AVS2008 Session BO+EM+BI+NC-ThM: Semiconducting Biointerfaces and Sensors
Thursday, October 23, 2008 8:00 AM in 201
BO+EM+BI+NC-ThM-1 AlGaN/GaN HEMT And ZnO Nanorod Based Sensors for Chemical and Bio Applications
B.S. Kang, H.T. Wang, K.C. Chen, Y.L. Wang, T. Lele, J. Lin, S.J. Pearton, F. Ren (University of Florida)
AlGaN/GaN high electron mobility transistor based sensors are good candidates for low cost, handheld, and wireless chemical and biomedical sensor due to their excellent thermal as well as chemical stability and sensitivity to the changes of ambient. The electrons in the AlGaN/GaN HEMT two-dimensional electron gas (2DEG) channel are induced by piezoelectric and spontaneous polarization effects and there is no dopant needed. There are positive counter charges at the AlGaN surface layer induced by the 2DEG. Any slight changes in the ambient of the AlGaN/GaN HEMT affect the surface charges of the AlGaN/GaN HEMT. These changes in the surface charge are transduced into a change in the concentration of the 2DEG in the AlGaN/GaN HEMTs. We have demonstrated AlGaN/GaN HEMT based individual sensors for protein, DNA, kidney injury molecules, prostate cancer, pH values of the solutions, pH in the exhaled breath condensate, and mercury ions with specific surface functionalizations. We have also demonstrated ZnO nanorod based sensors to detect UV, hydrogen, carbon monoxide and ammonium. Recently, we integrated ZnO nanorods with AlGaN/GaN HEMT to detect glucose in the breath condensate. This approach makes a possibility of integrating AlGaN/GaN HEMT based sensors with ZnO nanorod sensors on a single “smart sensor chip” with the techniques of selective area functionalization and mircofluidic device approaches. This smart sensor chip can be mounted on a handheld, portable, wireless transmitter circuit board.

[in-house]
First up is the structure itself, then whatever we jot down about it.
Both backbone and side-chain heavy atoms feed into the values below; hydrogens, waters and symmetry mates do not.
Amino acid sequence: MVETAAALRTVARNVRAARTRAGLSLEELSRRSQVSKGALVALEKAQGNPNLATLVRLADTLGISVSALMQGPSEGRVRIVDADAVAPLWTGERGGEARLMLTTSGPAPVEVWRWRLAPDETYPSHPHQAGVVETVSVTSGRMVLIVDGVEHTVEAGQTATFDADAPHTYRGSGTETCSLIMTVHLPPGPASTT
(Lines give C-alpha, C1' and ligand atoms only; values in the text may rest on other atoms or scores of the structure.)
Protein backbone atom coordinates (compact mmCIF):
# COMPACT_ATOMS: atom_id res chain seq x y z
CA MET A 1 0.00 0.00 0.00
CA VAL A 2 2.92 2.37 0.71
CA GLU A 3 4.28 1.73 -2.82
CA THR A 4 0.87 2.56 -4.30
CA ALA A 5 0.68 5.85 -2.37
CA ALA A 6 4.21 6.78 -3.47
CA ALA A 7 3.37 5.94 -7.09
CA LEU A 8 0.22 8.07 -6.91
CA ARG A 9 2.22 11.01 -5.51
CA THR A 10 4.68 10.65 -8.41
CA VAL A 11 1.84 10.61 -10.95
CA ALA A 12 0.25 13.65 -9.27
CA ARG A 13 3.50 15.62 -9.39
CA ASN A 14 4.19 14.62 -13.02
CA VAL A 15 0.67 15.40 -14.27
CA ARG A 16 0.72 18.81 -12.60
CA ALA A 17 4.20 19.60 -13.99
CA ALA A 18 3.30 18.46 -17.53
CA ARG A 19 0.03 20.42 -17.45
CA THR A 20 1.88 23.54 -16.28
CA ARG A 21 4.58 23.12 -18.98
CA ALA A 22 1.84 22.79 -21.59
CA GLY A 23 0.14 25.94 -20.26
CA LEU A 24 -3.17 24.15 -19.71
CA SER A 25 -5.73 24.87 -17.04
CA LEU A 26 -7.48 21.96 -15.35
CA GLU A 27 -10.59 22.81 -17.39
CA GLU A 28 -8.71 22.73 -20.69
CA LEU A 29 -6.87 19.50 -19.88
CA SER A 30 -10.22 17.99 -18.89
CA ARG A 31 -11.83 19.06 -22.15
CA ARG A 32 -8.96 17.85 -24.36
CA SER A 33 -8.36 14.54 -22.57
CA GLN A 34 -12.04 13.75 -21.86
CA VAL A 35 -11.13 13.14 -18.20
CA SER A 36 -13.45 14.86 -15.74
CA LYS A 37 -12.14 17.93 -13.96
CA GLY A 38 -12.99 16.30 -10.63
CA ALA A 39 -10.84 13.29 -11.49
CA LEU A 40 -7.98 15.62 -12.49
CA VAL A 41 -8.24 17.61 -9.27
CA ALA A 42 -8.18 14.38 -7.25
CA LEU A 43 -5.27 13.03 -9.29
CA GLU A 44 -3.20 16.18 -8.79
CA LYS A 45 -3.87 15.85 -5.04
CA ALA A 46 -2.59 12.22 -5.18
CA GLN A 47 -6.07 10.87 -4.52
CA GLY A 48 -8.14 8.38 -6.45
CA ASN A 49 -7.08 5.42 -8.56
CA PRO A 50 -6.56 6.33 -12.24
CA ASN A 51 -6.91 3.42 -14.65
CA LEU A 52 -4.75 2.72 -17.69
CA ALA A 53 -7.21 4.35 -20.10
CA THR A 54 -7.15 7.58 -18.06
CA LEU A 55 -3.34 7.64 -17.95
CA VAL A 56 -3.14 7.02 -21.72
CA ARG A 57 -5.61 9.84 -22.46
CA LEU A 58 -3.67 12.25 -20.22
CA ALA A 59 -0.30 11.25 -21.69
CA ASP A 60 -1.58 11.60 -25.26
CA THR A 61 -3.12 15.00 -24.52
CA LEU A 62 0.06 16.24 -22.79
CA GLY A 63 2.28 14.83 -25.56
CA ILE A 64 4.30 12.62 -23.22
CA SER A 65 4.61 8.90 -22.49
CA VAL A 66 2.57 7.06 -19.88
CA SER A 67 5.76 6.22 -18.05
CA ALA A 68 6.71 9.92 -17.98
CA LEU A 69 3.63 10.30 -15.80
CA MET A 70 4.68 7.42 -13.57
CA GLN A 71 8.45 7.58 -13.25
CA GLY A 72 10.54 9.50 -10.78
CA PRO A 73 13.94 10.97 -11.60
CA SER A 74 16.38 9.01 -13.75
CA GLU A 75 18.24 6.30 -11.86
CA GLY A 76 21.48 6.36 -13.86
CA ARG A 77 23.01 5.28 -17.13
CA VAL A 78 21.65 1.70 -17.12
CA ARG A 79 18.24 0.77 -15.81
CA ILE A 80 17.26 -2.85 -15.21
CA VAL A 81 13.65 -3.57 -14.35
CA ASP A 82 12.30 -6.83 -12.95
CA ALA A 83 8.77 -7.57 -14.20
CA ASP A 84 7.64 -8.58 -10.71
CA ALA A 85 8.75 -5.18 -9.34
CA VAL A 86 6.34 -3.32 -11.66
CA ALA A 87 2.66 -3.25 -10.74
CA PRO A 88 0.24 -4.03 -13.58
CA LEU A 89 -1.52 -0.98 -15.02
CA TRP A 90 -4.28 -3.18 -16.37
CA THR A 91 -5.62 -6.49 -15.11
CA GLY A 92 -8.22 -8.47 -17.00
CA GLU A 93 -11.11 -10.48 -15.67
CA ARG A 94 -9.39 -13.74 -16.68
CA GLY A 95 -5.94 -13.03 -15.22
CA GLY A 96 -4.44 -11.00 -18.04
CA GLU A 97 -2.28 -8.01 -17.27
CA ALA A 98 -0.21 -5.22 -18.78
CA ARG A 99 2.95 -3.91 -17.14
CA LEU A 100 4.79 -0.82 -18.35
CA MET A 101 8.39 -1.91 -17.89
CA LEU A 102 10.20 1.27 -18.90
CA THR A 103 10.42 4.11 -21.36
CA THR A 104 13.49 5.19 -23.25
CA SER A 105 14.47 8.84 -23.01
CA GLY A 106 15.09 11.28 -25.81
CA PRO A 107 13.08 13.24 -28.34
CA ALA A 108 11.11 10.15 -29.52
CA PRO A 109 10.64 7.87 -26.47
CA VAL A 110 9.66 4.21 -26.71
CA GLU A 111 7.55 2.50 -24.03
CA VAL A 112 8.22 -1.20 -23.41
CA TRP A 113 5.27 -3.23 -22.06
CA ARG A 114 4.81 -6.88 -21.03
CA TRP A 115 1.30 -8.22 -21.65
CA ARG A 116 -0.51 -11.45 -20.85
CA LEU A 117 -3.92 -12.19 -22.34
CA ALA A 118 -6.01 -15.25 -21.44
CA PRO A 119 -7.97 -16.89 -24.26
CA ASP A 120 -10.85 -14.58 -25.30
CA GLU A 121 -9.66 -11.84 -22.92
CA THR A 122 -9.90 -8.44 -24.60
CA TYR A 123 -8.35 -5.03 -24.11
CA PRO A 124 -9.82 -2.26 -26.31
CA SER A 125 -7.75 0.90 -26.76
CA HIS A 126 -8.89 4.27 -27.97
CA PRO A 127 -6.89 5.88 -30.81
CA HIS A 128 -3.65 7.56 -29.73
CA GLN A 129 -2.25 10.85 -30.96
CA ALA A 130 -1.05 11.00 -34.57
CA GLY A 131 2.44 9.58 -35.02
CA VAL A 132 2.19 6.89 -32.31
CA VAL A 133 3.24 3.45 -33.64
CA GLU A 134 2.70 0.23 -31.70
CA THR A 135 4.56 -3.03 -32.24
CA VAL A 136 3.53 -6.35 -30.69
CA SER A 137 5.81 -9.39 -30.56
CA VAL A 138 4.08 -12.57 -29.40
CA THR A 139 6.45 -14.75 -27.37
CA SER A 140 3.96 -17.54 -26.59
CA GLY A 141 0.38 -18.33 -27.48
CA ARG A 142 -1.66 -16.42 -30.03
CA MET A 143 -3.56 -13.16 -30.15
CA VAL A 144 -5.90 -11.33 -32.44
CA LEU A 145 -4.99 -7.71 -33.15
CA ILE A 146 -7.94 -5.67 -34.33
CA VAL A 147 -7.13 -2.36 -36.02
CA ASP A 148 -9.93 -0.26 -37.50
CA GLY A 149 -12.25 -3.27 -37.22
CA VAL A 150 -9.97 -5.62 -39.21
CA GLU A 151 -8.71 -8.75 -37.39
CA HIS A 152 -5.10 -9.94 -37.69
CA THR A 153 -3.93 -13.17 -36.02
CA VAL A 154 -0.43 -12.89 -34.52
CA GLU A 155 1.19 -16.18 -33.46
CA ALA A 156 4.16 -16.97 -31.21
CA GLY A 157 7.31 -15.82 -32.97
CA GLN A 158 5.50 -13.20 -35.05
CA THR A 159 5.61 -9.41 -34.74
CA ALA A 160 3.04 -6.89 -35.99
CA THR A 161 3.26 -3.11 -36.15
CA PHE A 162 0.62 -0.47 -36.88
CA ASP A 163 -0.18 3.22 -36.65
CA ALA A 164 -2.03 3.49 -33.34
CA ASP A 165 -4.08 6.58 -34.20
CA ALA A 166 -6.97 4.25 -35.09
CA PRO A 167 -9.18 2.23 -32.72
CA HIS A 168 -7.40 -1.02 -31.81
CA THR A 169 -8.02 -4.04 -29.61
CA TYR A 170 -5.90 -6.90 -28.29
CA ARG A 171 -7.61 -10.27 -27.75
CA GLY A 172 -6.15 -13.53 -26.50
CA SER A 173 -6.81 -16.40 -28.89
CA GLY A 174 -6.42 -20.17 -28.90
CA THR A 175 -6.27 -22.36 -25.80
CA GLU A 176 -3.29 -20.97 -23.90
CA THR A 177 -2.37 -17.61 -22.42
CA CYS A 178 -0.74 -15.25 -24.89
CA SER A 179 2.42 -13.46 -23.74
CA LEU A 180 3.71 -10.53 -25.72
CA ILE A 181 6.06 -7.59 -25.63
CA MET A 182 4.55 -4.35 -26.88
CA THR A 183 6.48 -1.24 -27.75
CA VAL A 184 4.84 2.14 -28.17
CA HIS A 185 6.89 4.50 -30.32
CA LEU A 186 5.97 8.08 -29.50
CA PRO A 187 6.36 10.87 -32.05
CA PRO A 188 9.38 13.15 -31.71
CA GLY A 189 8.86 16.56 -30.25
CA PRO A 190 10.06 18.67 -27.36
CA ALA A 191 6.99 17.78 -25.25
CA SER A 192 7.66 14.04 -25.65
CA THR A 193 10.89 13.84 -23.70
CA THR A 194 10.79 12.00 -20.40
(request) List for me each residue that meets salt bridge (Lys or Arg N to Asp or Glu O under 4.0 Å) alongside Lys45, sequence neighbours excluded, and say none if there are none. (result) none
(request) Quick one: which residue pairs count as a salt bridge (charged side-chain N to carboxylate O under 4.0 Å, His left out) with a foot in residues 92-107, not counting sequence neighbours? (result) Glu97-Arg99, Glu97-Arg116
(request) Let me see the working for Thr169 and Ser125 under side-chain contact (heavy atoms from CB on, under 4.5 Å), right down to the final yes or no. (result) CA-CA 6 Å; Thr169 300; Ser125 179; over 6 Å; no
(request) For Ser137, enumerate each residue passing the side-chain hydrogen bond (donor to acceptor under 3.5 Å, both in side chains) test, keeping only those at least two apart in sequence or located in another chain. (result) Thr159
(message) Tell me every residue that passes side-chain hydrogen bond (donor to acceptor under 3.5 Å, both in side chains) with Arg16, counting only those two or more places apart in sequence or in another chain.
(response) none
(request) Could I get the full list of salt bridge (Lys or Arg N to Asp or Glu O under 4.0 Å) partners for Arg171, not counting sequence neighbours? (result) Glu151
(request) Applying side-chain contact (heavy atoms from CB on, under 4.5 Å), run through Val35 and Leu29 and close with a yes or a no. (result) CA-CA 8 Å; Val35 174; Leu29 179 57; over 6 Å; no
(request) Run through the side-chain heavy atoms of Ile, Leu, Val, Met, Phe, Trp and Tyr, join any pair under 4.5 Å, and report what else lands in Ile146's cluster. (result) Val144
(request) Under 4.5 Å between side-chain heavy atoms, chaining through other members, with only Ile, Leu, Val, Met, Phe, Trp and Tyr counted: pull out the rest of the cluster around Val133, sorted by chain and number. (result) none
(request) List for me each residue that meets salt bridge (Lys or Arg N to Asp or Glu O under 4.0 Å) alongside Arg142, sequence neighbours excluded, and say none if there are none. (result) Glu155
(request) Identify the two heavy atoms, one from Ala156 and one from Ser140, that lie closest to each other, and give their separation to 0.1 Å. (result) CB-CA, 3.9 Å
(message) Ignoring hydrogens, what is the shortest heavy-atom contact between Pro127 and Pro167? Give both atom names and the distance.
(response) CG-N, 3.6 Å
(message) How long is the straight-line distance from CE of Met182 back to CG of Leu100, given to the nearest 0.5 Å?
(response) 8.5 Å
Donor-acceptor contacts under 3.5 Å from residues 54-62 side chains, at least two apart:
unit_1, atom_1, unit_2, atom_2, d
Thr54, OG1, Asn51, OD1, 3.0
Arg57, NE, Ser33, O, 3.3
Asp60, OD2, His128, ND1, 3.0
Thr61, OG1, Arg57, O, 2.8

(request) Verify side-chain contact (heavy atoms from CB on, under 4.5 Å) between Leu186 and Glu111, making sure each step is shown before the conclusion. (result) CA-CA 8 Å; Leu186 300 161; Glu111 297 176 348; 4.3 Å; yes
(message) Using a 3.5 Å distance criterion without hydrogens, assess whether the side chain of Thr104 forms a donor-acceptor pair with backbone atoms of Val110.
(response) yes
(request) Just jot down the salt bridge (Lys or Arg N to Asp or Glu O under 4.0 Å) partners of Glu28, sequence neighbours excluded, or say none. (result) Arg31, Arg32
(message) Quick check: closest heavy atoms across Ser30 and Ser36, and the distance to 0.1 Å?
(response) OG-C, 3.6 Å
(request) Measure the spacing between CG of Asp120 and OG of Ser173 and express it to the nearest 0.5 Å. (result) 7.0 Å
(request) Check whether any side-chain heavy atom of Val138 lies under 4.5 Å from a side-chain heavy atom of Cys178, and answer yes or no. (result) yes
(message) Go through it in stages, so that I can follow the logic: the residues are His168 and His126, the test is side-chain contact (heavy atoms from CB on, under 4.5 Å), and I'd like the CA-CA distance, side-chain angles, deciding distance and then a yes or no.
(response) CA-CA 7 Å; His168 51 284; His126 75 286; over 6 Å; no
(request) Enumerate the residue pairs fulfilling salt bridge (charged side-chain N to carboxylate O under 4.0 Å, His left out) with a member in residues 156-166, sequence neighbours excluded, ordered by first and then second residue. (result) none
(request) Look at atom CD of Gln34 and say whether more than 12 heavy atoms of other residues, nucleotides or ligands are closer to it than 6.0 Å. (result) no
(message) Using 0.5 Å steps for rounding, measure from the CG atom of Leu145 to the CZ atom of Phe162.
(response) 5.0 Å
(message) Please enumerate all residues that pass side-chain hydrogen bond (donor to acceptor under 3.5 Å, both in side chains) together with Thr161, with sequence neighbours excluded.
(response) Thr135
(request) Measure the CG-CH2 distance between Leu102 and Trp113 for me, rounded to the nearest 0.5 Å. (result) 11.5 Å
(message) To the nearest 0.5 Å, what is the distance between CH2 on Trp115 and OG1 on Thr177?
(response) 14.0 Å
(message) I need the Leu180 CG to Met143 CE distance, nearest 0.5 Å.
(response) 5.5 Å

BO+EM+BI+NC-ThM-2 Label-Free Dual Sensing of DNA-Molecules using GaN Nanowires
A. Ganguly, C.-P. Chen (National Taiwan University); K.H. Chen (Academia Sinica, Taiwan); L.C. Chen (National Taiwan University)
GaN, a leading optoelectronic material, is also known to be non-toxic and bio-compatible. Interestingly, this material in the form of nanowires (NWs), with the advantages of large surface-to-volume ratio and direct electrical-path due to surface-induced spatial-separation of charge-carriers, could possess high sensitivity to the local environment, hence to the surface-immobilized biomolecules. Here, we report the GaN NWs possess high bio-binding efficiency and provide a platform for in situ, label-free, and rapid (assay-time within 2 hours) detection of DNA-molecules with dual-sensing capability (electrochemical and optical). Both electrochemical (EC) and optical (photoluminescence, PL) measurements showed clear distinction of pristine GaN NWs with probe-DNA (pLF) immobilization, and after further hybridization, employing a popular target-DNA with anthrax lethal factor sequence (LF). In label-free condition, both EC and PL-based techniques exhibited high sensitivity, without any little effort to optimize the sensing-condition, up to nM and pM of concentrations, respectively for the recognition of LF, with very low assay-time. Furthermore, successful application for detection of “hotspot”-mutations, related to human p53 tumor-suppressor gene, revealed excellent selectivity and specificity towards the fully-complementary targets, down to pM concentration, even in presence of mutations and non-complementary strands, suggesting the potential pragmatic application in complex clinical samples. The simplicity in detection-method, without any requirement of extra step/modification in both probe and target-systems, and simultaneously, the unique label-free dual-detection capability of GaN NWs, with excellent selectivity and sensitivity, can make them a promising choice of transducers, even in clinical application.
BO+EM+BI+NC-ThM-3 Magnetic Tweezer Sensor for Ensemble Binding Events of Nonmagnetic Particles
R.M. Erb, R.E. Ducker, S. Zauscher, B.B. Yellen (Duke University)